Married with two 401(k)s

By Walter Updegrave, senior editor


(Money Magazine) -- Question: What do you think of the concept of "marriage diversification"? If a married couple has 401(k) plans that are managed by the same investment firm, should they each have the same funds in their accounts, or should they pick different, but similarly performing, funds? -- David, Burlington, Mass.

Answer: When I saw the term "marriage diversification," I thought you had something completely different in mind. So I'm glad you explained what you mean by that phrase.

walter_updegrave__2009b.03.jpg
Walter Updegrave is a senior editor with Money Magazine and is the author of "How to Retire Rich in a Totally Changed World: Why You're Not in Kansas Anymore" (Three Rivers Press 2005).

I agree that, ideally, a husband and wife should collaborate on their retirement planning, including choosing investments. Unfortunately, that doesn't usually happen. A 2009 Fidelity study of more than 500 couples found that only 38% made joint decisions together about retirement finances.

So I applaud you for thinking not just of how you should invest as an individual, but how you and your wife should jointly create a portfolio.

That said, it doesn't necessarily follows that working as a team means you and your wife must stock your 401(k) plans with completely different investments. In fact, I think such an approach could make it more difficult to manage your retirement portfolios.

Besides, depending on how similar the choices in your two plans really are, the ability to fill your respective 401(k)s with different investments may not provide as much of a diversification advantage as you think, if it provides an edge at all.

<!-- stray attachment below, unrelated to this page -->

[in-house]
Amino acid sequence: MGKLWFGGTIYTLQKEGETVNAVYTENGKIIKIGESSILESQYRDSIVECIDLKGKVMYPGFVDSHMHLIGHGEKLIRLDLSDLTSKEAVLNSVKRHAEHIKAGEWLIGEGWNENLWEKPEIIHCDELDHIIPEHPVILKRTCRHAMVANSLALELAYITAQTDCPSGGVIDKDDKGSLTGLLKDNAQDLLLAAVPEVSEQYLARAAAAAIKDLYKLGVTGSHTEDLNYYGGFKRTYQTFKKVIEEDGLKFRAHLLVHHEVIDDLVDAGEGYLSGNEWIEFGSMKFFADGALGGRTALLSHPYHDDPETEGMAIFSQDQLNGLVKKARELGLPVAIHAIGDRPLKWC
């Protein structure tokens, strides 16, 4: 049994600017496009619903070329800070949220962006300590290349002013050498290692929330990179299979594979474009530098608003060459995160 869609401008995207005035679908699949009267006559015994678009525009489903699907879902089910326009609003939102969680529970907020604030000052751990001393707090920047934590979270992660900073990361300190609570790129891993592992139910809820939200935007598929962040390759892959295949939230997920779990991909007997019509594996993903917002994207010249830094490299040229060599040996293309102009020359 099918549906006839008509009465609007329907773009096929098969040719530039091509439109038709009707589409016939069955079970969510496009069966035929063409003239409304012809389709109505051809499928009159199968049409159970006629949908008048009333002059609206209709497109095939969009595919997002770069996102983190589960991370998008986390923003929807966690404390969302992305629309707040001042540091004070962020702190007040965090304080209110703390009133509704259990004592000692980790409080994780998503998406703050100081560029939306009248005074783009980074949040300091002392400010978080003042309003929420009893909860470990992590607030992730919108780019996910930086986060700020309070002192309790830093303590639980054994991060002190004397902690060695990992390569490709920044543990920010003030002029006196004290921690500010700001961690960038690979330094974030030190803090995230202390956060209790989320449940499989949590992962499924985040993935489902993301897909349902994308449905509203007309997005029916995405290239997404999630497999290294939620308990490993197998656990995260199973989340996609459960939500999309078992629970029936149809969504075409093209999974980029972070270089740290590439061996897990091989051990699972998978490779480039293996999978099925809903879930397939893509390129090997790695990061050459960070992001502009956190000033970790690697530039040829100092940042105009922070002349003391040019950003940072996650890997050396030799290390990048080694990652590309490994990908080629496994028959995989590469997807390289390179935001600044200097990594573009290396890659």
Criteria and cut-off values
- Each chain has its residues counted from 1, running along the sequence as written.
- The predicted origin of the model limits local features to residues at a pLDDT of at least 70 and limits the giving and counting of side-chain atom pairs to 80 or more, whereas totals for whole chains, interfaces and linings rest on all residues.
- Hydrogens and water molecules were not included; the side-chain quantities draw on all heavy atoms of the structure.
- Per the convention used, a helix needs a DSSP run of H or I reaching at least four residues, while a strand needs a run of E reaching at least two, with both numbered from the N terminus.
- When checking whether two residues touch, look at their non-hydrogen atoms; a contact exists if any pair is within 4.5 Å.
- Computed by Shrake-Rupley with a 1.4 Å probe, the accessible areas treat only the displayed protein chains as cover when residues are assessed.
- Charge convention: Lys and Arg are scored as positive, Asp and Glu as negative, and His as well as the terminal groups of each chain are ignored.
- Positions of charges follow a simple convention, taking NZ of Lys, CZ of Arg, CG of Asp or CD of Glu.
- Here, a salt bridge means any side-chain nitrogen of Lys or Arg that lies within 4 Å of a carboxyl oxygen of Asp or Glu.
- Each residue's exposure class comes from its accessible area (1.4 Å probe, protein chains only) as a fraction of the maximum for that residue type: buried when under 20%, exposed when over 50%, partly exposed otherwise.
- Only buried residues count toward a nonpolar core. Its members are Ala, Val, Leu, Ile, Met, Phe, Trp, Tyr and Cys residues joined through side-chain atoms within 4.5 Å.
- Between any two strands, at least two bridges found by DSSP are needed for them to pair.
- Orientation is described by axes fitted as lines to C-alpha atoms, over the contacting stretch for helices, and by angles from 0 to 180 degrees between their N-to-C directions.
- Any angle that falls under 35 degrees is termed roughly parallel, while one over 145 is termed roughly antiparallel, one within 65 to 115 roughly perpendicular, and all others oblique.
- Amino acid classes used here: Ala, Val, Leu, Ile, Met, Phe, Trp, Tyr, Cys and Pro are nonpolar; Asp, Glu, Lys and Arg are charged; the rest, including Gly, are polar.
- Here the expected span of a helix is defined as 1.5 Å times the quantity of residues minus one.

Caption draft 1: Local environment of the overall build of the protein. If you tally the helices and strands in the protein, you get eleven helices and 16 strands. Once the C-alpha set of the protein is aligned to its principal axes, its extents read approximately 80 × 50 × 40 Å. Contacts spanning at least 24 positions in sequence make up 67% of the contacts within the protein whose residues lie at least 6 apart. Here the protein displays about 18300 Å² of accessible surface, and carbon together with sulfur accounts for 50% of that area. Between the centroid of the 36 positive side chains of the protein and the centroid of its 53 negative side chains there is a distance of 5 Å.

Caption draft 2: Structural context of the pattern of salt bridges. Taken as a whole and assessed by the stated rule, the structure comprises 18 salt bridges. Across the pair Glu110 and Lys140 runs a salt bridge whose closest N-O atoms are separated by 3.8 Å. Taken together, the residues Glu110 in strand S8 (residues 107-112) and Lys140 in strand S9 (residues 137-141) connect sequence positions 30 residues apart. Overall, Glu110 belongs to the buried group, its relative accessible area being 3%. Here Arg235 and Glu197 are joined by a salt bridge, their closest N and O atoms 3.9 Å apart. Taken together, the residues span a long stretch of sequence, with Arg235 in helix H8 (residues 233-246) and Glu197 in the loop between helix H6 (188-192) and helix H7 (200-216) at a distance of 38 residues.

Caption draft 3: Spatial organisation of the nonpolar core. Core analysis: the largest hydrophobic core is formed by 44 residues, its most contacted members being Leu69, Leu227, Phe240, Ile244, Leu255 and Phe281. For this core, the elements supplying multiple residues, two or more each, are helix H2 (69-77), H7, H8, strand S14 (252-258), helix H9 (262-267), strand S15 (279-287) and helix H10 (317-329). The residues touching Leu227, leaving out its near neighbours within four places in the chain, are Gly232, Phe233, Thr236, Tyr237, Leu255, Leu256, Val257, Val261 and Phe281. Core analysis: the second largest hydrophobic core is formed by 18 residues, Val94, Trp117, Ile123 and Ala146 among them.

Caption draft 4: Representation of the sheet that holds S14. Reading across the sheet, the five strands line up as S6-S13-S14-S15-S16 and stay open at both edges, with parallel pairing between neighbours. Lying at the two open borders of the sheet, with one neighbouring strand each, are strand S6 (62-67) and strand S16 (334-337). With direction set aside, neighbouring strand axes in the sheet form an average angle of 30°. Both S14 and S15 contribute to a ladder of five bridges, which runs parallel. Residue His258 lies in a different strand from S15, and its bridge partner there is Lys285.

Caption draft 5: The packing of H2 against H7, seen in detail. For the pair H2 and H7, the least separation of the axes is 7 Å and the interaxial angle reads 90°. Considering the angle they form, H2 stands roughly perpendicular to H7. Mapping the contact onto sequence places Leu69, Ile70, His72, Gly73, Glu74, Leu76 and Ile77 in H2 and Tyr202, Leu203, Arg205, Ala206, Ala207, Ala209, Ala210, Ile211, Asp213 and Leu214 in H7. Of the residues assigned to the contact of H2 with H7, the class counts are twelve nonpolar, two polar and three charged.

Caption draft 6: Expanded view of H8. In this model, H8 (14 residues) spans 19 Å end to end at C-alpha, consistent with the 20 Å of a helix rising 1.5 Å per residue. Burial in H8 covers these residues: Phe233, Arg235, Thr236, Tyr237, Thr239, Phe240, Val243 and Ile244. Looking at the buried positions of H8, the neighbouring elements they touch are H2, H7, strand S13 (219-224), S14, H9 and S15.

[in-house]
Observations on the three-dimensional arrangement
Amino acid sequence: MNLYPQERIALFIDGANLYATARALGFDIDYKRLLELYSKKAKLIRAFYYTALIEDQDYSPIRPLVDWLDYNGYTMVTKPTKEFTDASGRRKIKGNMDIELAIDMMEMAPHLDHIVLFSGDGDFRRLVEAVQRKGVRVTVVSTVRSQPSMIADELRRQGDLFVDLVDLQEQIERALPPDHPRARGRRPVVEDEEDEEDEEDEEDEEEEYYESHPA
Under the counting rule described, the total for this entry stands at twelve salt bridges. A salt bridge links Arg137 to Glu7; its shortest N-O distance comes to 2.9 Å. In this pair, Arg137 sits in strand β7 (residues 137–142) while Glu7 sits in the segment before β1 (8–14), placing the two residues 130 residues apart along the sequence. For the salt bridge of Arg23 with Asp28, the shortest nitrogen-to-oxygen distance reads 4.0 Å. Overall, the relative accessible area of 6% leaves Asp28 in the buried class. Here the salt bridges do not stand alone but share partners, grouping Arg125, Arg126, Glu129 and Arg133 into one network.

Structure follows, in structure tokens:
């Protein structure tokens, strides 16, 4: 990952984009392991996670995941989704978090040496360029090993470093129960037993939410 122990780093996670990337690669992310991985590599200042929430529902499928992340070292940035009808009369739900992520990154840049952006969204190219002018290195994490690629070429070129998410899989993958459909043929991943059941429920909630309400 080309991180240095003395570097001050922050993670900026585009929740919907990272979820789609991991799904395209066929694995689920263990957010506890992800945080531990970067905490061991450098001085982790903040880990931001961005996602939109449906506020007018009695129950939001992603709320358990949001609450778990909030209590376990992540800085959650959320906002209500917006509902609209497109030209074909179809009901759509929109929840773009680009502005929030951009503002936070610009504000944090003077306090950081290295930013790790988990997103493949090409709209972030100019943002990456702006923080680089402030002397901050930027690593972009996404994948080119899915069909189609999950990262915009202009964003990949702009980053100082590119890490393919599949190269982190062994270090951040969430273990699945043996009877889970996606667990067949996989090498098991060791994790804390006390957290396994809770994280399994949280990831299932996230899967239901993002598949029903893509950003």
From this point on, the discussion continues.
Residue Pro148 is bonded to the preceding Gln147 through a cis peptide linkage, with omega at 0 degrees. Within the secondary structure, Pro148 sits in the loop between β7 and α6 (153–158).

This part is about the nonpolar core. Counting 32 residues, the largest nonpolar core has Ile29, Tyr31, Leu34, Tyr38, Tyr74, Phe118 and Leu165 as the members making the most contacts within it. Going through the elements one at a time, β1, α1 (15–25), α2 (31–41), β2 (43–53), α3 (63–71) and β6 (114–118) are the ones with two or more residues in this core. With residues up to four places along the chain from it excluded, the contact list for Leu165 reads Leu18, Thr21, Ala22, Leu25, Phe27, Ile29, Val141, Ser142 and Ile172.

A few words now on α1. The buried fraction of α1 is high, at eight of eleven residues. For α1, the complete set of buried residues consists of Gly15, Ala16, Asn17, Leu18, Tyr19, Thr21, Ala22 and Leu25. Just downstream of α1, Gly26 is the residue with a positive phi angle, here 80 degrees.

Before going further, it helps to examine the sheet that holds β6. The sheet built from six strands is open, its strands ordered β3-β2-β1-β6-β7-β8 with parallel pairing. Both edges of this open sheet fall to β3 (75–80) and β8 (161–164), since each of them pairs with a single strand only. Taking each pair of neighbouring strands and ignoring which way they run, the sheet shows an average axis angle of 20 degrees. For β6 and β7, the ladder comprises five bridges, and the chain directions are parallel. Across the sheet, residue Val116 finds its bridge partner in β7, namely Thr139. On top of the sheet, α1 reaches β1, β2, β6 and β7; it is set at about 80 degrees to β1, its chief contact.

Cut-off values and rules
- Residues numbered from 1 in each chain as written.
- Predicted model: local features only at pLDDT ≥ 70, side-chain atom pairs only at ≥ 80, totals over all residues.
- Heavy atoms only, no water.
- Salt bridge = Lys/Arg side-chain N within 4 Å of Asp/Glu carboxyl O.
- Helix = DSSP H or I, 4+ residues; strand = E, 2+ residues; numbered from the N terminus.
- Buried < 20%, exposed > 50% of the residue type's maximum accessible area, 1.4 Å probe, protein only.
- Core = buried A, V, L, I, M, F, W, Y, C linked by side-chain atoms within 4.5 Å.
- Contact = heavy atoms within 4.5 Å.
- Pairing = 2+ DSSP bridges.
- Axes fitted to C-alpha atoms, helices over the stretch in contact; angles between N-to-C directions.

As I see it, even though you and your wife have two separate 401(k) accounts, you are essentially investing one pool of money that you will both depend on in retirement. So your goal should be to create the best overall portfolio with the entire pot.

Let's say, just for illustration purposes, that you and your wife have decided you should have 25% of your retirement assets in large-cap growth, 25% in large-cap value, 15% in small-cap, 15% in international stocks and 20% in bonds.

To create that mix, I'd say you should research your common menu of investing options and choose what you both consider the best funds in each of those five categories based on such factors as fees, consistency of performance and risk.

Assuming that the investment options you and your wife have are really the same -- that is, same funds, same expenses, same fund portfolios, etc. -- then I'd say you and she should invest the appropriate amount of your respective 401(k) balances in each of those five funds. In other words, you would have the same portfolios.

Now, is it possible that in going over the lineup of investments you find two funds in one category that you have such a hard time choosing between that you feel you must have both? Sure. There's nothing to say that you can't own two or even more funds in one asset class.

But I'd note two things. First, if you do that in every category, you could end up with a large number of funds that may provide difficult to oversee. Even if the relatively simple portfolio above, two funds in each category would give you and your wife a total of 10 funds.

And if you expand, as many people do, into real estate funds, TIPS, high-yield bonds, emerging markets, precious metals, etc. and hedge your bets there too, you could easily end up with more than a dozen funds. So if you really feel you must expand your choices, don't go crazy.

The second point I'd make is that, again, assuming you're dealing with the exact same lineup, you and your wife choosing different funds doesn't really give you any more diversification than you could each achieve on your own in your individual portfolios.

Here's why. Let's say you each have $100,000 to invest in your respective 401(k)s for a total pool of $200,000. Given the allocations above, that would mean you would want to have $50,000, or 25% of that amount, in large-cap growth stocks.